When AI systems are tested on their own training data, there’s no way to know if they will work outside of the lab.
“It’s no secret that machine-learning models tuned and tweaked to near-perfect performance in the lab often fail in real settings,” wrote MIT Technology Review Senior Editor Will Douglas Heaven. “This is typically put down to a mismatch between the data the AI was trained and tested on and the data it encounters in the world.”
Transparency is one of the attributes that Musk, Wozniak et. al. hope will be addressed during their hoped-for six month pause in AI research, according to their letter—which, it should be mentioned, does not call for a pause in all AI research. The letter only demands a time-out in “the training of AI systems more powerful than GPT-4.”
The six month hiatus, the letter appears to say, would be mainly devoted to developing a set of ethical standards and protocols that would prevent any future Artificial General Intelligence system from turning into SkyNet—or at least into an economic factor that could cost people their livelihoods.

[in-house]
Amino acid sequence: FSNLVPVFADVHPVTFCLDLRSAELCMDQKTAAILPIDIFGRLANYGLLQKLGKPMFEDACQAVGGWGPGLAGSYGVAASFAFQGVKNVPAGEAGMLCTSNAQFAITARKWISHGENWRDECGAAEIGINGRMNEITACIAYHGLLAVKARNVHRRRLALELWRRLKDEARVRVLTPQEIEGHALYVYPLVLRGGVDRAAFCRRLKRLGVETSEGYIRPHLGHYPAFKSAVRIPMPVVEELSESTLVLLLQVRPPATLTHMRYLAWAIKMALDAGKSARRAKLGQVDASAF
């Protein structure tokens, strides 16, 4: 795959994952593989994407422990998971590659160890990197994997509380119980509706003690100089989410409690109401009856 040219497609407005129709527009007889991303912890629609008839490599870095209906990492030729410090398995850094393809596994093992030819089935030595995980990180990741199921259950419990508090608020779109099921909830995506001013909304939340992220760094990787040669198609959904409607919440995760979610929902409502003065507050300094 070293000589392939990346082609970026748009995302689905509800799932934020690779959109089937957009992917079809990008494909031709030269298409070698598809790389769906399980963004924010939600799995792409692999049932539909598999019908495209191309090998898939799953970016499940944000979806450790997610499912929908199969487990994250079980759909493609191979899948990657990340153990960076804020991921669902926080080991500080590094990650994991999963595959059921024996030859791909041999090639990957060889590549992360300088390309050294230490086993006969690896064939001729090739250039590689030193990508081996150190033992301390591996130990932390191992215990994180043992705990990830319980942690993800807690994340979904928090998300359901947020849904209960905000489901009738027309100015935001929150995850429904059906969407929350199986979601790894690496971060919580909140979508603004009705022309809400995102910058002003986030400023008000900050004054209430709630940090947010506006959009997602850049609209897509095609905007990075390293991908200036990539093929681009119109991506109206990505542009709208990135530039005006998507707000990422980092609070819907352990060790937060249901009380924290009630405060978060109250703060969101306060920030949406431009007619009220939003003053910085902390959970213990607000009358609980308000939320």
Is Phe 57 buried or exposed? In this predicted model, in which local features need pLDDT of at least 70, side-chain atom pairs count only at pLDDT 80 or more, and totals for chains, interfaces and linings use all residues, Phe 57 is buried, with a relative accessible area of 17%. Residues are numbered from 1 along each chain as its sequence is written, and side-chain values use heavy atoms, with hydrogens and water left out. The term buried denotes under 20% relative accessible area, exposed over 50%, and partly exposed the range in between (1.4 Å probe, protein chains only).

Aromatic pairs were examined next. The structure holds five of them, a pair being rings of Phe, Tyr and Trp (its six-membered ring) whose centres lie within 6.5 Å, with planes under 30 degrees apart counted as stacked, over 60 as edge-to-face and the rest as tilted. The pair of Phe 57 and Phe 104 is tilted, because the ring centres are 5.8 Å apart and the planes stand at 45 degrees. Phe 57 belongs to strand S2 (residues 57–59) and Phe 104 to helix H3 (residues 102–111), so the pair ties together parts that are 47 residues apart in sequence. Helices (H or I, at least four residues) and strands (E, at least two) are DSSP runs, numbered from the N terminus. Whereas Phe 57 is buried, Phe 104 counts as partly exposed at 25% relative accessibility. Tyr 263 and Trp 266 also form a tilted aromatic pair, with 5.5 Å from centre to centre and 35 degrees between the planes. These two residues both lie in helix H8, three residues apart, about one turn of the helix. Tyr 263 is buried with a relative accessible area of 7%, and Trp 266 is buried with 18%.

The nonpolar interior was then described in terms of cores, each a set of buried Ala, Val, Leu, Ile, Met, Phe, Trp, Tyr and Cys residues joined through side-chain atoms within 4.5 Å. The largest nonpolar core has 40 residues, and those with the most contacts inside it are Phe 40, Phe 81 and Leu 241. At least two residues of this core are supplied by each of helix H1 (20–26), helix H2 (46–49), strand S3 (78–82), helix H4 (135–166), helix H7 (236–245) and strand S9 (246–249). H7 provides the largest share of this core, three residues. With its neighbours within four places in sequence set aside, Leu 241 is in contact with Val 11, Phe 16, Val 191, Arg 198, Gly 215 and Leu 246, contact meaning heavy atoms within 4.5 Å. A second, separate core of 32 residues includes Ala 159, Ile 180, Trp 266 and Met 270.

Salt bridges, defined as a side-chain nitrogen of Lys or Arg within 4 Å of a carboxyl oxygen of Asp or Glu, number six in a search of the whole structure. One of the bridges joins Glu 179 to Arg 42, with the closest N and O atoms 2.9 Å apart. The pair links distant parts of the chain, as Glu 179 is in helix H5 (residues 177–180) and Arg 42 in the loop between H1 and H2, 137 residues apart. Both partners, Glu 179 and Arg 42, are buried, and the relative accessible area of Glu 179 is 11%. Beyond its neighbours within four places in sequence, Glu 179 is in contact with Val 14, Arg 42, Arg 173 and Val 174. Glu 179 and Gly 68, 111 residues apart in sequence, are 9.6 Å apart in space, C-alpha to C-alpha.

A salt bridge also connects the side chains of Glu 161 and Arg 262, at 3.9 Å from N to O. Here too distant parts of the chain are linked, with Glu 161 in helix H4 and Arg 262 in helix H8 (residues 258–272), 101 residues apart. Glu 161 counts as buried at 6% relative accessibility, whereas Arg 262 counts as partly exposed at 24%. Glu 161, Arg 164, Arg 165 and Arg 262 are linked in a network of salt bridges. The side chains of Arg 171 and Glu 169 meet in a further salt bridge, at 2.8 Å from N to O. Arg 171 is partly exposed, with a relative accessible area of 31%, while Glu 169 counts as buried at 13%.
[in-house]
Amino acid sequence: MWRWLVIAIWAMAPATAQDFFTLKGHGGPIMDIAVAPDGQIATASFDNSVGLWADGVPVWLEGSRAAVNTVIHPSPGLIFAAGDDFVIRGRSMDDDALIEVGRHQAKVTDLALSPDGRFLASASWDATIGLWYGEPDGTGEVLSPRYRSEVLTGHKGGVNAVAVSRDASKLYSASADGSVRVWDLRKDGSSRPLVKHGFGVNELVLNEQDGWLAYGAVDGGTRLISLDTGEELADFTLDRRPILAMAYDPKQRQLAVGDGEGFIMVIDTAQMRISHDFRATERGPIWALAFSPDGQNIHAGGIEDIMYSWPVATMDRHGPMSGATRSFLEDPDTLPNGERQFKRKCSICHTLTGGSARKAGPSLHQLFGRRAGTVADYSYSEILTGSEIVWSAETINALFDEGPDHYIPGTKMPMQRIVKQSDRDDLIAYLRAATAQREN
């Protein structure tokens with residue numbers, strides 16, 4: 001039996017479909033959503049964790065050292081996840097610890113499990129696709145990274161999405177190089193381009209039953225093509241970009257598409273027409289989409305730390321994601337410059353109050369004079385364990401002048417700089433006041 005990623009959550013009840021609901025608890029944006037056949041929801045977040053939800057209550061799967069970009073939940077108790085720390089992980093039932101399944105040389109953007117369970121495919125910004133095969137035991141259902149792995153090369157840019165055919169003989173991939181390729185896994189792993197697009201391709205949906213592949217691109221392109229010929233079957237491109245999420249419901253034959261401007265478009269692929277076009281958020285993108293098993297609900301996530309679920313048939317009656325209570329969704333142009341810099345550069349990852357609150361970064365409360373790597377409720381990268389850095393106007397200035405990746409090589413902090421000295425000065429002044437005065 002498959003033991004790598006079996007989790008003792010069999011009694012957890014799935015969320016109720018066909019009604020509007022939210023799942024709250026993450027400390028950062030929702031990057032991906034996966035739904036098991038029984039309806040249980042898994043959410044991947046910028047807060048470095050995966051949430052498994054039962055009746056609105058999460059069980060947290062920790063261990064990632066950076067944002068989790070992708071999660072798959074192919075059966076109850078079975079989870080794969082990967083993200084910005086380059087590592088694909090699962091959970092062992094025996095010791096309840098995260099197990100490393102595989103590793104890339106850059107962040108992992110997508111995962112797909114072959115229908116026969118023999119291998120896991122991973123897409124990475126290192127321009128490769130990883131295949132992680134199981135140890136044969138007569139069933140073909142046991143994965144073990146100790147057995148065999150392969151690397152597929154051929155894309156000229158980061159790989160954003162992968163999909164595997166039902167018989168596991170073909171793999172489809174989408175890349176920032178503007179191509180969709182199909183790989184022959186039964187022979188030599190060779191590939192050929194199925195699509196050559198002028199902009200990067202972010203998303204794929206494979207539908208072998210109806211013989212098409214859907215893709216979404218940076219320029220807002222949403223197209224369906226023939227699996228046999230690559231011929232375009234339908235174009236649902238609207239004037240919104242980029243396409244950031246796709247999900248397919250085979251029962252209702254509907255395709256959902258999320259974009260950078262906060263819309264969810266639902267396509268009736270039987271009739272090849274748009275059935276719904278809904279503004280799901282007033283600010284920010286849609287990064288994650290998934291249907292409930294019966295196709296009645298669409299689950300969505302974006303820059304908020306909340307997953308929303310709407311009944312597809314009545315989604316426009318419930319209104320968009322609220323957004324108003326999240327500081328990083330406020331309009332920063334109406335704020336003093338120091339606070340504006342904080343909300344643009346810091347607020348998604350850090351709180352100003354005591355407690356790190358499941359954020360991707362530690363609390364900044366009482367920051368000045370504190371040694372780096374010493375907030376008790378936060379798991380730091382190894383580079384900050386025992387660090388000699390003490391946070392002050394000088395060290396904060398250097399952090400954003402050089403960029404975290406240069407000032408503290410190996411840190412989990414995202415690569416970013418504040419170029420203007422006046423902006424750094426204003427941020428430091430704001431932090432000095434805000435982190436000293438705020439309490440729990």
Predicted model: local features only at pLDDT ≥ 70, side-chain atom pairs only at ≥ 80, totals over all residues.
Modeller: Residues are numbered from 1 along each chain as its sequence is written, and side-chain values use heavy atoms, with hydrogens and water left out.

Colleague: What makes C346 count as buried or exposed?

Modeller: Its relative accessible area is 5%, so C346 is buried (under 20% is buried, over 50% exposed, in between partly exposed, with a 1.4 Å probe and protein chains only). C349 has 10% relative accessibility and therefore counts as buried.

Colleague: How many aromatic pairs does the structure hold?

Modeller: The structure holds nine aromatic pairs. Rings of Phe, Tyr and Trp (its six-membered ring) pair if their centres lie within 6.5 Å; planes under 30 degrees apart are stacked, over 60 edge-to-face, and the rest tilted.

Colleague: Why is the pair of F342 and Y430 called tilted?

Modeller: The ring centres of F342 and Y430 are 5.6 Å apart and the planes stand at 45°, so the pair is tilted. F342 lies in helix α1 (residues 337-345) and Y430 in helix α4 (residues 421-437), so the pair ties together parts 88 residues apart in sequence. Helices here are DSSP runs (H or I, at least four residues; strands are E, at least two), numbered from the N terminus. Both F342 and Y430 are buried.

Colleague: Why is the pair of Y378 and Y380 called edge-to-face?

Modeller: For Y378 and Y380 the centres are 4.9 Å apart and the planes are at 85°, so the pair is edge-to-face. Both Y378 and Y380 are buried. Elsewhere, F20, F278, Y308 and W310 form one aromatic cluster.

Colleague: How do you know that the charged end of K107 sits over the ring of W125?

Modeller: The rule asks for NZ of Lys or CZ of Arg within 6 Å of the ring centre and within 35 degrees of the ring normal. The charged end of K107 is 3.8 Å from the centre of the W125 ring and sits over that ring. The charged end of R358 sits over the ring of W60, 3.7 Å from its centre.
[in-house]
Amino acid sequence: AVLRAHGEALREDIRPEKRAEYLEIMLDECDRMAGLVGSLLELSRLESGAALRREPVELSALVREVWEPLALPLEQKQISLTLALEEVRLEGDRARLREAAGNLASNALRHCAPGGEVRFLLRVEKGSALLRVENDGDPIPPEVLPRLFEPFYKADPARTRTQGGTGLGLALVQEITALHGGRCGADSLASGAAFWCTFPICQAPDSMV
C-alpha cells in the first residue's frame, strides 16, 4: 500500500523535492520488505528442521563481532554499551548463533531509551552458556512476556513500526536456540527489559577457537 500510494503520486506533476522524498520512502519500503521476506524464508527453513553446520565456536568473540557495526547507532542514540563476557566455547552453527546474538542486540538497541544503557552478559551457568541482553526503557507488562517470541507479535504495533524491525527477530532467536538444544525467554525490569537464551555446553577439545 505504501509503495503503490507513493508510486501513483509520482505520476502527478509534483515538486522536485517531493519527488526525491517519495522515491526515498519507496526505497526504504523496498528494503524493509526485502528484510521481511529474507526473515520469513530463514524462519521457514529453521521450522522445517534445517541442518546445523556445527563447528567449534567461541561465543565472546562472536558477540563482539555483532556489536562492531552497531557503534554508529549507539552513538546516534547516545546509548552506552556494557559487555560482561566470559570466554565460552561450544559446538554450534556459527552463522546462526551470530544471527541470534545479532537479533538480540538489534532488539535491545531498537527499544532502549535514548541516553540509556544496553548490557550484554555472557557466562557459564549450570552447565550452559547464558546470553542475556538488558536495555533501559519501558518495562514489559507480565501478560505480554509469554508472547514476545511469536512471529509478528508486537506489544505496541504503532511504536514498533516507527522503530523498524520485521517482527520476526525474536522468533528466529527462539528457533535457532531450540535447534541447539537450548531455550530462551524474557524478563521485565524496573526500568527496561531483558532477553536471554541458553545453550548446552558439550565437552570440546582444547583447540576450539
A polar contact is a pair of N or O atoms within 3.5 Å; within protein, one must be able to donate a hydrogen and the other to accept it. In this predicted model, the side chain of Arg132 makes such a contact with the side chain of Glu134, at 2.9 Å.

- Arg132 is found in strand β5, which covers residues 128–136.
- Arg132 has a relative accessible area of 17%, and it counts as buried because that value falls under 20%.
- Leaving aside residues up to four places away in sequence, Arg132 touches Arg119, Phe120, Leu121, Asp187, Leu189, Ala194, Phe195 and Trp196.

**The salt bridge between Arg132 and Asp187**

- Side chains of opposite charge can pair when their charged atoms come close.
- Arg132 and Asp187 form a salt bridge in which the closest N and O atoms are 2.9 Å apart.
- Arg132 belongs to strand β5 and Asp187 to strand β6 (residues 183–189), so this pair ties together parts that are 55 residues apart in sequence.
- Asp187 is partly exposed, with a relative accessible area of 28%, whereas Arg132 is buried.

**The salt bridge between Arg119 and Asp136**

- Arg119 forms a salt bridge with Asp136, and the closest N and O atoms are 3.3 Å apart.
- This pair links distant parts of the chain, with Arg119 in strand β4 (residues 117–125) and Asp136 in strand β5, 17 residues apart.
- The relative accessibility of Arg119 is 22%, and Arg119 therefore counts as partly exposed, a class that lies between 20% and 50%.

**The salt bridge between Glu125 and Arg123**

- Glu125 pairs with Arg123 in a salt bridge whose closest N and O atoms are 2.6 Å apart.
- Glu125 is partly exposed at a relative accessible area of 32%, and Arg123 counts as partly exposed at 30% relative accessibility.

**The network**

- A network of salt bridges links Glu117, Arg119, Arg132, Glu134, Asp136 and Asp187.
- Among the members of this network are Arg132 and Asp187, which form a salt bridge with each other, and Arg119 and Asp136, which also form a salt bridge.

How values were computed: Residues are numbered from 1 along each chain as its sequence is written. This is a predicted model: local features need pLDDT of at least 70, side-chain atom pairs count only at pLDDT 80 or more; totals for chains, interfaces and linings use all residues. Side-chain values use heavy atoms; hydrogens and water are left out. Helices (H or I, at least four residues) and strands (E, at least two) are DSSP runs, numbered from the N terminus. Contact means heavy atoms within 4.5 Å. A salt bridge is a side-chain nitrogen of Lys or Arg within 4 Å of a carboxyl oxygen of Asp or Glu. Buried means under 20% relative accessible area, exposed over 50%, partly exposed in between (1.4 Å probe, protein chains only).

“We must ask ourselves: Should we let machines flood our information channels with propaganda and untruth? Should we automate away all the jobs, including the fulfilling ones? Should we develop nonhuman minds that might eventually outnumber, outsmart, obsolete and replace us? Should we risk loss of control of our civilization?” the letter asks. “Such decisions must not be delegated to unelected tech leaders.”